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Confraternity is a non-standard gloss of ko 講, which were the dominant form of lay religious organization in Japan since at least the 15th century. Glosses of ko in official English-language Tenrikyo publications include:

Ko has been variously translated in religious studies literature as:

  • "confraternities"
  • "lay believers' associations"
  • "religious associations"

The Tenrikyo Resource Wiki (TRW) has chosen to use "confraternity" as the standard term to translate ko, as rendering ko as "fellowships" (the most recent adopted gloss used in English-language Tenrikyo publications) is arguably disadvantageous since “fellowship” is the standard gloss for fukyosho on the mainland U.S and New Zealand.

On TRW “fellowship” will only refer to “fukyosho” and “confraternity” will be our standard gloss for “ko” in order to maintain a differentiation between these two different types of social organization.

The old translation “fraternity” is obviously misrepresentative and will not be used in TRW. “Confraternity” will be used in place of “fraternity.”

History of confraternities in Japan

Confraternities were organized in various ways. The most common was according to members' occupation, gender, or age group. Duncan Williams, a scholar specializing on Japanese religion during the Tokugawa period, has pointed out that there were ko of at least three major categories that organized themselves around:

  1. worship of particular deities (an example would be a Kannon-ko)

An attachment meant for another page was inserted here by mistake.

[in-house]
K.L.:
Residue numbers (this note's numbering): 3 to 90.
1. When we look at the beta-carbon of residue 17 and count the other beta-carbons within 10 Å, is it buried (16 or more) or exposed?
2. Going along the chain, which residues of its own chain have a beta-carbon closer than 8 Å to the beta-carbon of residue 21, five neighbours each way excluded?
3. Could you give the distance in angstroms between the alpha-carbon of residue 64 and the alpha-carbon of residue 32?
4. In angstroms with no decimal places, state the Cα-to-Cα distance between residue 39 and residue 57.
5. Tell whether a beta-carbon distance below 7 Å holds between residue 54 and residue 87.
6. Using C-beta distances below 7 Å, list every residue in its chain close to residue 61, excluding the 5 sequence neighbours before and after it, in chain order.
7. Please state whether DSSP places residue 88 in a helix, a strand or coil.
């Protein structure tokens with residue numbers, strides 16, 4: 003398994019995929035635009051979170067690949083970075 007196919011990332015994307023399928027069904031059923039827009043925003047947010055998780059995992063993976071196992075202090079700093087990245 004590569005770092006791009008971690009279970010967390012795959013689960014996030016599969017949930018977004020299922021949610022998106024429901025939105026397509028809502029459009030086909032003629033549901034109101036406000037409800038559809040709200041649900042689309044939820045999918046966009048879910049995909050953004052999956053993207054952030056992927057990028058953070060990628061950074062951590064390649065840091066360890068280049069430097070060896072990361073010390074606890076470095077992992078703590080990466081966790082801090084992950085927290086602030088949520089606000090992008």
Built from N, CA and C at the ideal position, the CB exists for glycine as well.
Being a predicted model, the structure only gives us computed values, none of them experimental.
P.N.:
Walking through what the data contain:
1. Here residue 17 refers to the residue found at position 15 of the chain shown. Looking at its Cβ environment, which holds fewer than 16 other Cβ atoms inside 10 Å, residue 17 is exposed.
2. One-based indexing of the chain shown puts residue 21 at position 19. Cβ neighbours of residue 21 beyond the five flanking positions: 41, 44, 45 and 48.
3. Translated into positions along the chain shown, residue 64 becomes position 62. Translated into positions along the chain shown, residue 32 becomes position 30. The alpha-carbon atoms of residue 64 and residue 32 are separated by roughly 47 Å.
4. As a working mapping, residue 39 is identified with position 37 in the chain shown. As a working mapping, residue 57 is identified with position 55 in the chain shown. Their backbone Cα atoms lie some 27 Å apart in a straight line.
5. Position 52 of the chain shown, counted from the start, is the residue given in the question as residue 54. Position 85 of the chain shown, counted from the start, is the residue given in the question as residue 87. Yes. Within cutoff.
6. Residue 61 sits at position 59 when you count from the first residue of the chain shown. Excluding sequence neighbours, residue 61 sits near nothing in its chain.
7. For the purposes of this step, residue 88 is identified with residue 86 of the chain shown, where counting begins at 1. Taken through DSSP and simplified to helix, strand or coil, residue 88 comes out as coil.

2. style of religious practices (an example would be a Nenbutsu-ko), and
  3. pilgrimage sites, such as a ko dedicated to pilgrimages to Mt. Fuji or Mt. Omine.[1]

Tenrikyo confraternities

A case can be made that Tenrikyo confraternities had characteristics from each of these three categories, for they were religious organizations that:

  1. centered on the worship of Tenri-O-no-Mikoto
  2. concentrated on the practice and performance of the Tenrikyo Service (Tsutome), and
  3. focused on making pilgrimages to Jiba

Tenrikyo scholar Kazuhiro Hatakama has once noted, "Unlike the hoon-ko 報恩講 of Jodo Shinshu or the miyaza 宮座 of local shrines, Tenrikyo's ko were rarely involved in the administration of community matters and, more often than not, they were excluded from the local community."[2]

It is said that Oyasama encouraged her followers to form confraternities in the early 1860s.[3] There is evidence suggesting that there were confraternities in existence no later than 1867 as a “Confraternity of Yabe Village” is mentioned in the Go-shinzen-meikicho, a list of names of people who met with Oyasama between 4/5 and 5/10/1867.[4]

While it was a common practice for confraternities to be named after the village they were located, a shift in favor of names inspired by a particular aspect of the faith such as “Tengen-ko” (“Divine locale confraternity”) or “Shinjin-ko” (“Pure heart confraternity”) could be seen beginning in the mid-1870s.[4]

According to The Life of Oyasama, a confraternity at the Residence (the Shinmei-ko 真明講) was founded in 1878 with Shuji Nakayama, Oyasama's son, as the ko-moto 講元 or confraternity director.[3] According to one account, there was a plan to have the confraternity at the Residence have “ko” in its name while regional confraternities adopt “gumi” (組 “group”) at the end of its name but this practice was not widely applied as confraternities continued to use “ko,” “sha” (社 society), and “kai (会 association)” in addition to gumi in their names.”[4]